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When should mediation not be used?

Mediation is one of several dispute-resolution mechanisms available to separated and divorcing spouses. It involves using the services of a neutral, third-party mediator who leads the spouses through a series of private sessions to explore whether they can resolve some or all of their issues. The mediator helps the spouses communicate and make their own decisions, but does not make a ruling or even offer suggestions.

In many cases, mediation is an effective, and cost-effective alternative to court. But it is not a solution for all scenarios.

For example, it is not recommended in situations where the former spouses cannot cooperate with each other. The success of the process hinges on both spouses’ willingness to communicate and work on finding solutions that both sides can live with. In some divorce scenarios, former spouses cannot even be in the same room together, let alone try to resolve their differences.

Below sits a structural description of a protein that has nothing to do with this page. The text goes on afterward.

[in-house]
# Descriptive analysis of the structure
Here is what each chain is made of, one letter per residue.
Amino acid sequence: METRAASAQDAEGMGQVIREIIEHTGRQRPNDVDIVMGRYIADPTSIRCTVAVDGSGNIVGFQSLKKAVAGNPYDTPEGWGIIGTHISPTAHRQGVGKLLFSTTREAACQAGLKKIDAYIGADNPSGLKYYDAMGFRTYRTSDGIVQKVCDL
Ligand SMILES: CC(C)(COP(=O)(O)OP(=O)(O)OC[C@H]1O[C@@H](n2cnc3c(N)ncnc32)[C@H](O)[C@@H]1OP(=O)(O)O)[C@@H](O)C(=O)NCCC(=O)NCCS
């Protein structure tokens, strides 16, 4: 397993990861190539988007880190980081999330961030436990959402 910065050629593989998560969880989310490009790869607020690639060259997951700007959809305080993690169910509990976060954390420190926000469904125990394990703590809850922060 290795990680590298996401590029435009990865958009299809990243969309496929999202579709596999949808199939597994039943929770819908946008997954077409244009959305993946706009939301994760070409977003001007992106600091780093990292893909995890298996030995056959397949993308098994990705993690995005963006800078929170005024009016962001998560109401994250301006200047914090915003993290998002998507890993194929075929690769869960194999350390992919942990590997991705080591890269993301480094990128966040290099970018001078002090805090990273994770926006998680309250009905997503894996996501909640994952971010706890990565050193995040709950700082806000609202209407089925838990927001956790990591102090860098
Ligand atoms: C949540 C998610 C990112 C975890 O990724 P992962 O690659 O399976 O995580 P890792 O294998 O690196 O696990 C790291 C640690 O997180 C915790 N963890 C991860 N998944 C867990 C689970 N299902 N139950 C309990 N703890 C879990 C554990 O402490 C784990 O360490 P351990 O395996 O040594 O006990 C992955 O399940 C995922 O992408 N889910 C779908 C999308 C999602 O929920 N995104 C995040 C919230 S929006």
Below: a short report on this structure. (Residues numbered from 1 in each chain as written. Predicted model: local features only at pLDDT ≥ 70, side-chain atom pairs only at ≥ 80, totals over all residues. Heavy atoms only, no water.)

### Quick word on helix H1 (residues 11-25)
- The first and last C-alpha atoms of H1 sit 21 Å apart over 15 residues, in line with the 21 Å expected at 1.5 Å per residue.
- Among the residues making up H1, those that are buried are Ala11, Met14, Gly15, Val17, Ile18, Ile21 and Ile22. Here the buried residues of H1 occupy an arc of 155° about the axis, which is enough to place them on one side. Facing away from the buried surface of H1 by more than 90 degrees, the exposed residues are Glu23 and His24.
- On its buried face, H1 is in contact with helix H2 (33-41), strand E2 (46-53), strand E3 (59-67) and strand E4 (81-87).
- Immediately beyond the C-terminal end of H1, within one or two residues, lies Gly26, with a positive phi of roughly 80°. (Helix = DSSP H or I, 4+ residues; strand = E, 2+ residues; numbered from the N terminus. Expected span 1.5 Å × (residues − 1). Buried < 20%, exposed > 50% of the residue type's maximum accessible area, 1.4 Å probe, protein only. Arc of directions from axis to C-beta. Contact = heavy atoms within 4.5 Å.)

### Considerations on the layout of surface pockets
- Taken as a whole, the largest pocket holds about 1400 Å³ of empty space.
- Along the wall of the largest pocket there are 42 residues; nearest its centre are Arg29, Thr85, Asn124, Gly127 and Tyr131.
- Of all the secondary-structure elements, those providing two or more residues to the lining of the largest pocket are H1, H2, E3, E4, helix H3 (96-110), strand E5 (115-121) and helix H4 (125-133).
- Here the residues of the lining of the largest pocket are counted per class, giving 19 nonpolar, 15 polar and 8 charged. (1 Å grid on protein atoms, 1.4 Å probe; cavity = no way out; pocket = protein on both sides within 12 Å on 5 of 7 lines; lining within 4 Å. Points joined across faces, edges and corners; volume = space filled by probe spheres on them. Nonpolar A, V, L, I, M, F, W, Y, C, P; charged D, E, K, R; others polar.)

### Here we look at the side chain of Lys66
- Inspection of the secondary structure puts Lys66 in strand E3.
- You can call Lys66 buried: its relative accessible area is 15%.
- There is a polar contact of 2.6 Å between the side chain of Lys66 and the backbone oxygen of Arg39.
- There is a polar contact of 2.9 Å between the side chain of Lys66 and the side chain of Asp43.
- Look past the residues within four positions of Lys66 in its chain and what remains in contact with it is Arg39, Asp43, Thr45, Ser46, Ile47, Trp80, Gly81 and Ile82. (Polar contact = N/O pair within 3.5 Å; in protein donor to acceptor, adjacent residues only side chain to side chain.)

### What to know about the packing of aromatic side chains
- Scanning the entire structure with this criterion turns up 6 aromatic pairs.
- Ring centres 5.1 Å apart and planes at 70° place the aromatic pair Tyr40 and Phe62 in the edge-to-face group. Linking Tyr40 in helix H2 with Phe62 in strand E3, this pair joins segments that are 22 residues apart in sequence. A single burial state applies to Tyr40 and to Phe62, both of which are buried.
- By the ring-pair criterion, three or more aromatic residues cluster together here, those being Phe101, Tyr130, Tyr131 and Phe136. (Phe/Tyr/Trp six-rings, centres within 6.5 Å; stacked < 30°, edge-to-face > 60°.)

Also, mediation is not recommended if there has been domestic abuse in the relationship. The more informal, intimate setting of a mediation session can leave the abused spouse in a fearful or intimidated state in the presence of the other spouse. This makes it unlikely that he or she can fully advance his or her legal rights and objectives, even with the mediator’s help.

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